Of the 20 students that started their first 10 week course, 3 received job offers before the program had even finished. Several others got work placements. And all received first hand practical experience from a variety of industry experts. Prior to the program, none had experience in the trades industry.

After such a strong start, the Destination Trades founders are now well into planning their next program, whilst also beginning to amplify the discussion around this problem within the industry, as they are the first to admit they cannot solve this problem on their own. Instead the team are working more and more with various industry partners to ensure that everyone is aware of the opportunities, and are beginning to take active steps to correct the imbalance.

One example of this was Gerard Roofs, providers of pressed steel roofing which requires a high attention to detail to do well. Gerard Roofs worked with the Destination Trades students to show them how to roof a gazebo they’d made throughout the course. The result? 1) Gerard were extremely impressed in how quickly the students picked up the skill, 2) despite it’s challenges (working at heights and physical work), many of the students are now looking for a career in roofing, and 3) one of the students was actually offered a full time role with Aspect Roofing, one of Gerard’s Distributors following this session. A pretty good outcome from a few hours of a business’s time, and an outcome that the Destination Trades team want to replicate with other Industry players.

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But through all this, it’s important to remember that Destination Trades are a fresh eyed start up, despite what their results may lead you to think. And accordingly they’ve learnt a lot, and are iterating future programs because of this. A simple example is the timing of their course. Initially they made the days 9am to 2.30pm so that it would be easier on the women who are  mothers. They discovered, however, that this just delayed the inevitable challenge of adjusting to work when they got a job, and thus didn’t prepare them for work as well as they could. Because of this the days are now 8am-4pm to better reflect working life, and the tutors help the women make the  transition to work ready throughout the course, not just at the end.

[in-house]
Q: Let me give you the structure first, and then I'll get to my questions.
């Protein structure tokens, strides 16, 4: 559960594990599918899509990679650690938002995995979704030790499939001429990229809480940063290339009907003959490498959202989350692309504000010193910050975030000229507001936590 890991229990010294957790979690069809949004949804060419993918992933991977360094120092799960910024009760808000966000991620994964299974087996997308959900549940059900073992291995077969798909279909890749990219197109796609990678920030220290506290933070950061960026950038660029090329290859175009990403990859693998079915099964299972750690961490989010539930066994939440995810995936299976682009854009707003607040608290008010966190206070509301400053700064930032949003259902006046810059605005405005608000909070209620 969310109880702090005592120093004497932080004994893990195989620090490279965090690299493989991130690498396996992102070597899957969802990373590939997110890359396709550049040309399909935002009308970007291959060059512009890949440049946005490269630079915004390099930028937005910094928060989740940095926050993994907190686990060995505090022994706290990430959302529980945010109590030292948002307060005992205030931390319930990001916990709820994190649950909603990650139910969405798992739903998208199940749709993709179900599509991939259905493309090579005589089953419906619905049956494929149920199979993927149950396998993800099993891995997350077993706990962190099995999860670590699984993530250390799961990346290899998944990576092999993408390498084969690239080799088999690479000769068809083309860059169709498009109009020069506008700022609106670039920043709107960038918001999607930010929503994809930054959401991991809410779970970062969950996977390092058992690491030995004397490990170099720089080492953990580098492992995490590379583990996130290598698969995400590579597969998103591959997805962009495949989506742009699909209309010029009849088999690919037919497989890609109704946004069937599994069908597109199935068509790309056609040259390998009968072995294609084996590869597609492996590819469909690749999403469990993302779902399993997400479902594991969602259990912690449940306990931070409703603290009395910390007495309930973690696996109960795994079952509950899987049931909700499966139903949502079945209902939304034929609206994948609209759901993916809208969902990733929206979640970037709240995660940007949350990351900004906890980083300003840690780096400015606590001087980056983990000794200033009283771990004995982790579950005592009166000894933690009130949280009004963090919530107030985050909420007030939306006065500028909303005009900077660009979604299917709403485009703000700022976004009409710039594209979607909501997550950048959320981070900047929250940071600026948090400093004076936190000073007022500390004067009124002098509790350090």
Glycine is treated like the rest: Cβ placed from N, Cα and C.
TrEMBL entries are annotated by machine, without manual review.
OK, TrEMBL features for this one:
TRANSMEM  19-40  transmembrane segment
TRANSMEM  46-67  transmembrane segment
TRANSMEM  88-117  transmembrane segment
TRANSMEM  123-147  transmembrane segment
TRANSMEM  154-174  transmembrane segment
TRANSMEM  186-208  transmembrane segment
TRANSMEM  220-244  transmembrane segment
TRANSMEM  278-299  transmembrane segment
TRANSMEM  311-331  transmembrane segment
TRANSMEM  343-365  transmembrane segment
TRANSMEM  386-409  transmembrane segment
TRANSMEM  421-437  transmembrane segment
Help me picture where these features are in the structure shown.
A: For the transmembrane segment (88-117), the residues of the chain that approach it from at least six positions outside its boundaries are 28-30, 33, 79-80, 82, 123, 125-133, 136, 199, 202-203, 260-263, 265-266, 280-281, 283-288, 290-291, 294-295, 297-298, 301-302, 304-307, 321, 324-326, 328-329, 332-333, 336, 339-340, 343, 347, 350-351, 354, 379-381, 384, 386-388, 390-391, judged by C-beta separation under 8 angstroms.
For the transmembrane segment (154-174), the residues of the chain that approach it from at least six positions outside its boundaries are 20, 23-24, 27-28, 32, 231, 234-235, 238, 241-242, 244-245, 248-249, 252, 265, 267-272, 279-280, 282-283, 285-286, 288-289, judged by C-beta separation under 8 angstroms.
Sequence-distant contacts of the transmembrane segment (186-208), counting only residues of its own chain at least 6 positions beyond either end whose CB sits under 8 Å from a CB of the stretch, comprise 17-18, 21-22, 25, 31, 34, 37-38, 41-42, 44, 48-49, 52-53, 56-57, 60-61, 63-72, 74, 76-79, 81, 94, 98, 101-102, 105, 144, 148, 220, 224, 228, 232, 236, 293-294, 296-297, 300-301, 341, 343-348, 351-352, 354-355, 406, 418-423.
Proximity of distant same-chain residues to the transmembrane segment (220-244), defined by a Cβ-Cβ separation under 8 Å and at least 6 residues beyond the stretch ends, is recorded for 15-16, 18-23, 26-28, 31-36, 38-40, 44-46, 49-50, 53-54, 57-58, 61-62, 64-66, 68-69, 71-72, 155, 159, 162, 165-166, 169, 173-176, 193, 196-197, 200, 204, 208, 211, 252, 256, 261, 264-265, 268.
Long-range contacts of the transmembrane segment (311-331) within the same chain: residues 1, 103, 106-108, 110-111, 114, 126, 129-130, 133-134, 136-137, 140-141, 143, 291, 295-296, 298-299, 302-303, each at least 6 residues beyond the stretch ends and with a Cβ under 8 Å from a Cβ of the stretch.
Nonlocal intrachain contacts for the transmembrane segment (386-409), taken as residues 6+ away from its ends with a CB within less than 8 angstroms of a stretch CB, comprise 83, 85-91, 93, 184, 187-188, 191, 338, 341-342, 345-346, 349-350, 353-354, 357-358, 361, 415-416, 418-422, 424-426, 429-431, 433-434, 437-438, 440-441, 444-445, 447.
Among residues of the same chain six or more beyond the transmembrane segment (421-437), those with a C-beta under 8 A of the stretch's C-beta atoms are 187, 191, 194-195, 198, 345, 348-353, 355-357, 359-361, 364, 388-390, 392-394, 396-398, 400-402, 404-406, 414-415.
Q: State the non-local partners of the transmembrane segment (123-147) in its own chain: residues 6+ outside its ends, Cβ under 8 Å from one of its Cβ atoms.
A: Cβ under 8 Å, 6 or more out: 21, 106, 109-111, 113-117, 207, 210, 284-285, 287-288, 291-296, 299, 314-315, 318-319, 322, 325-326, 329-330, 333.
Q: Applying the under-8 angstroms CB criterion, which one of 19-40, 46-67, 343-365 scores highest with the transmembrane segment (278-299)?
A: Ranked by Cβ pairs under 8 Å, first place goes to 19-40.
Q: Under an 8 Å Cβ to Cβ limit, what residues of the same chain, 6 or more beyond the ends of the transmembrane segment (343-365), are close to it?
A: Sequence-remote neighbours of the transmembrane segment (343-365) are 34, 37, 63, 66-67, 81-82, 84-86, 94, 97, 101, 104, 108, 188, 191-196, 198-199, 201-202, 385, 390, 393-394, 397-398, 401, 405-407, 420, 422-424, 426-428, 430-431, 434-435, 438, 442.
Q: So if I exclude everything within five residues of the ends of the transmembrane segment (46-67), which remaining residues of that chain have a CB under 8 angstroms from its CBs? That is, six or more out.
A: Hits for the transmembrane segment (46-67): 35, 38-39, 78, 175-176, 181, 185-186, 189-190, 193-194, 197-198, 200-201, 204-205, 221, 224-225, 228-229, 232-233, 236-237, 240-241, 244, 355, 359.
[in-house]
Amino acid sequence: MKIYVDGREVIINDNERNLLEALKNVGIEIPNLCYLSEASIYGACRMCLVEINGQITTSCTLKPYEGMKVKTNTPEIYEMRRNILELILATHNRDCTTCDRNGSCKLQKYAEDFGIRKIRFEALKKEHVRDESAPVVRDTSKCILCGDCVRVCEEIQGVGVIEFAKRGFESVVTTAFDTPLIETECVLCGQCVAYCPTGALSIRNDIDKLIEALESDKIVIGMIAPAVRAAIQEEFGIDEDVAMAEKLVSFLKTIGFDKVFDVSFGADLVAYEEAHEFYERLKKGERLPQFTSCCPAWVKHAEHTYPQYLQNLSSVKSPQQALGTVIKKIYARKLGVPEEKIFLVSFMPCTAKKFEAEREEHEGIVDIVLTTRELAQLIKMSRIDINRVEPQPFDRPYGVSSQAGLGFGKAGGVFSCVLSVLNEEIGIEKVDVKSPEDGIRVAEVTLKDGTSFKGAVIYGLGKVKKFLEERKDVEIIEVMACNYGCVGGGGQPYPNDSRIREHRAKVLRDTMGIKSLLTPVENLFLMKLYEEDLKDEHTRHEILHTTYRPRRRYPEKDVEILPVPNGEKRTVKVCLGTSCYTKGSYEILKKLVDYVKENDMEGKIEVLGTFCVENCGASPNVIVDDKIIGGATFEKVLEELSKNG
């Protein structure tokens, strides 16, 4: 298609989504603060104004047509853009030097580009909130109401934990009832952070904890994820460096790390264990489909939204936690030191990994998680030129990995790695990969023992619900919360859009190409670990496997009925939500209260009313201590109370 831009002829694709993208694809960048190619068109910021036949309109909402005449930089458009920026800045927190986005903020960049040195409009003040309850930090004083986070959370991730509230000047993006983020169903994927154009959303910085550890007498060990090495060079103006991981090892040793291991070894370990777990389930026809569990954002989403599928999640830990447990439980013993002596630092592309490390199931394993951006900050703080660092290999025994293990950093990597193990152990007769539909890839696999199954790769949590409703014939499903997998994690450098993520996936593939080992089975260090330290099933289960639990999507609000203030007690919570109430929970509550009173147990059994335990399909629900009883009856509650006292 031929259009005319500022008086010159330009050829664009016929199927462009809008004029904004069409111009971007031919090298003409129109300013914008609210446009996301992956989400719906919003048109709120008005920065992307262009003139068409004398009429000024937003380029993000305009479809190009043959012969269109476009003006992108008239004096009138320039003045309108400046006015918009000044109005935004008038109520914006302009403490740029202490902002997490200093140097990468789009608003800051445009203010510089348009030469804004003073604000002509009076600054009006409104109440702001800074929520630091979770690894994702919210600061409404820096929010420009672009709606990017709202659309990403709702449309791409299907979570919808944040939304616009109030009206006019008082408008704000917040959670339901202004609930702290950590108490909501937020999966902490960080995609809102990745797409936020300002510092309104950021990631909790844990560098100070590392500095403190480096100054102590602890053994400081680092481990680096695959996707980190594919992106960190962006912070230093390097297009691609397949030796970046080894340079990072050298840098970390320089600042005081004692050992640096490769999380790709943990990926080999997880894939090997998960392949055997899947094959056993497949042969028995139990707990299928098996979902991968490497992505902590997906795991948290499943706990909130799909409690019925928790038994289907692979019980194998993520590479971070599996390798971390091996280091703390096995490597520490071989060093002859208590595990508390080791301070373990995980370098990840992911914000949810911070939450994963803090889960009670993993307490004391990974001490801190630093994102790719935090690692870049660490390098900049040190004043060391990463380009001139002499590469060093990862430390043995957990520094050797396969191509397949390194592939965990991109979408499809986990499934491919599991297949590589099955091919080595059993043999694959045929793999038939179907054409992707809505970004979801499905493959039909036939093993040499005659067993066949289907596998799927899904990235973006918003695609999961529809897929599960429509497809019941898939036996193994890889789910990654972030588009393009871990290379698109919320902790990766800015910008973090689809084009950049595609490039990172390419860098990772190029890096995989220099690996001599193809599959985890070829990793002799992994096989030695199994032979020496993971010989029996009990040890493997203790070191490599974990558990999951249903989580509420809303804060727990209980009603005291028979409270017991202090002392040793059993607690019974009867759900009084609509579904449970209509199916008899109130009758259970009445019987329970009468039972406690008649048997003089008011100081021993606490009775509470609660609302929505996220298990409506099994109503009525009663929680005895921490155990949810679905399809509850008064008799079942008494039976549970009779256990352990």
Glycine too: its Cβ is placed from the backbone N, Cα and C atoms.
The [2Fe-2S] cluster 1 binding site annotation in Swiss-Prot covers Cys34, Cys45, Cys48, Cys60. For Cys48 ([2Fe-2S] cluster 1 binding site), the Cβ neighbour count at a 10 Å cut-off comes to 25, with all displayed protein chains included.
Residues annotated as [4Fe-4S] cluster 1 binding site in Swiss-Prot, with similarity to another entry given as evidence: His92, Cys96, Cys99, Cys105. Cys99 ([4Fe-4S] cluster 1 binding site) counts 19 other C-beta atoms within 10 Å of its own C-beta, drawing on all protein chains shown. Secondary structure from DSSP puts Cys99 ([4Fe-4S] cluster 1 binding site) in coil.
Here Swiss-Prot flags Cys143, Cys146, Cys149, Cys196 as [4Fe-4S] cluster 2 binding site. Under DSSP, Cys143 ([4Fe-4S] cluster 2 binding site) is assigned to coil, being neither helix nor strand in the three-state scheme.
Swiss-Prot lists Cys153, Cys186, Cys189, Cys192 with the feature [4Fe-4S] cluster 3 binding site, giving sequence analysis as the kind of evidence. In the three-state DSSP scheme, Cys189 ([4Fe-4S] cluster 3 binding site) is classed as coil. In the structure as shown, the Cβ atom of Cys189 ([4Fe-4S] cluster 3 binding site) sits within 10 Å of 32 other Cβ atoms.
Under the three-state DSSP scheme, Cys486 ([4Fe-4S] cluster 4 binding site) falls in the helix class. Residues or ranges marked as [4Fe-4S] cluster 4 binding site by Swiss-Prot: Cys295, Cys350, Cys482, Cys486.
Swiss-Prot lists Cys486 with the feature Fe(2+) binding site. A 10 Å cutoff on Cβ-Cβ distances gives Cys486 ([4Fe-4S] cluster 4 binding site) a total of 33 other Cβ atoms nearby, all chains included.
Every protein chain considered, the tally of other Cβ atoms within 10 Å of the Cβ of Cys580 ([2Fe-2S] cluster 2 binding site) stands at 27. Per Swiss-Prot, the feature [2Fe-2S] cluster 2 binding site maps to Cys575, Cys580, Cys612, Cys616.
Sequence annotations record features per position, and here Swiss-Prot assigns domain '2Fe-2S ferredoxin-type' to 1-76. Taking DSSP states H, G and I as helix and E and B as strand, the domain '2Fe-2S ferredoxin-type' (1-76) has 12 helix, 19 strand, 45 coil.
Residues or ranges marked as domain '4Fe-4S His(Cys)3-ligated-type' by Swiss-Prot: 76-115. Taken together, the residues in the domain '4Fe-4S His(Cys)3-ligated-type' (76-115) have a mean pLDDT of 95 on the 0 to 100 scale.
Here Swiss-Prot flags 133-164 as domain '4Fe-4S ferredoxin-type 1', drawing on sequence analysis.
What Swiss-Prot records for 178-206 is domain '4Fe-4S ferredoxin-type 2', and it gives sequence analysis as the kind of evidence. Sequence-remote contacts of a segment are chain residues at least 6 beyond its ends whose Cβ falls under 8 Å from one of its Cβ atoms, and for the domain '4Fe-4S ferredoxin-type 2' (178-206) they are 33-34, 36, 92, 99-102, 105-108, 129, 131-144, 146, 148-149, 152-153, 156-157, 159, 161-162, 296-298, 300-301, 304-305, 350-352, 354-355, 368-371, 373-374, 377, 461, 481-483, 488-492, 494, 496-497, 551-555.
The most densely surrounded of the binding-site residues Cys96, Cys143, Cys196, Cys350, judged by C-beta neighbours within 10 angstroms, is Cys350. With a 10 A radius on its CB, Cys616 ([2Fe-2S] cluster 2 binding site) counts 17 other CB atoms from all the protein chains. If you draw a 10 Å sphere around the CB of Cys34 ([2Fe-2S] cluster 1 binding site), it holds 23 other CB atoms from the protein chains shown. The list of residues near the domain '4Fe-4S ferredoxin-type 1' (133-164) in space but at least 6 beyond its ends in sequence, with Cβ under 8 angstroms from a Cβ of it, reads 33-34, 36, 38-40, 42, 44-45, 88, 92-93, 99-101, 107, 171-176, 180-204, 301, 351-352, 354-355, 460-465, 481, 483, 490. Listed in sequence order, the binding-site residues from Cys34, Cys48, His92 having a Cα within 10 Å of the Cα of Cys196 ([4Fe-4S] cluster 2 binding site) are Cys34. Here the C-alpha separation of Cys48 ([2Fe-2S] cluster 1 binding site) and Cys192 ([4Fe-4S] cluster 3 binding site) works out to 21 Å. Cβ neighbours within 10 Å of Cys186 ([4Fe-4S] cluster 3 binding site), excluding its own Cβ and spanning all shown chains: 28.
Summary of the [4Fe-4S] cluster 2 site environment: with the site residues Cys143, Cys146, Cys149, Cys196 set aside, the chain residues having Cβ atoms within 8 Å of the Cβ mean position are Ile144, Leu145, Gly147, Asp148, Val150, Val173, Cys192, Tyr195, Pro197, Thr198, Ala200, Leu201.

Destination Trades have trademarked themselves as an extremely competent team with an ambitious list of goals. Through Launchpad Work we will be helping them accelerate towards these goals in a variety of ways, including connecting them with industry experts, brokering support, and providing them with mentors and tailored business support through an Ākina Venture Manager.

Watch this space. And the 2% figure. With a bit of support from industry, this team could go a long way to changing the lives of many women by getting more doing great work in these trades.

Social Enterprise Disruption

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We have ambitious aims for Launchpad Work. First and foremost, we want to support the 8 amazing social enterprises going on this six month journey with us to accelerate their growth and maximise their positive impact. Following closely behind that is a desire to shine a spotlight on social enterprise and the impact it can have, contributing to a conversation that is only just starting here in New Zealand.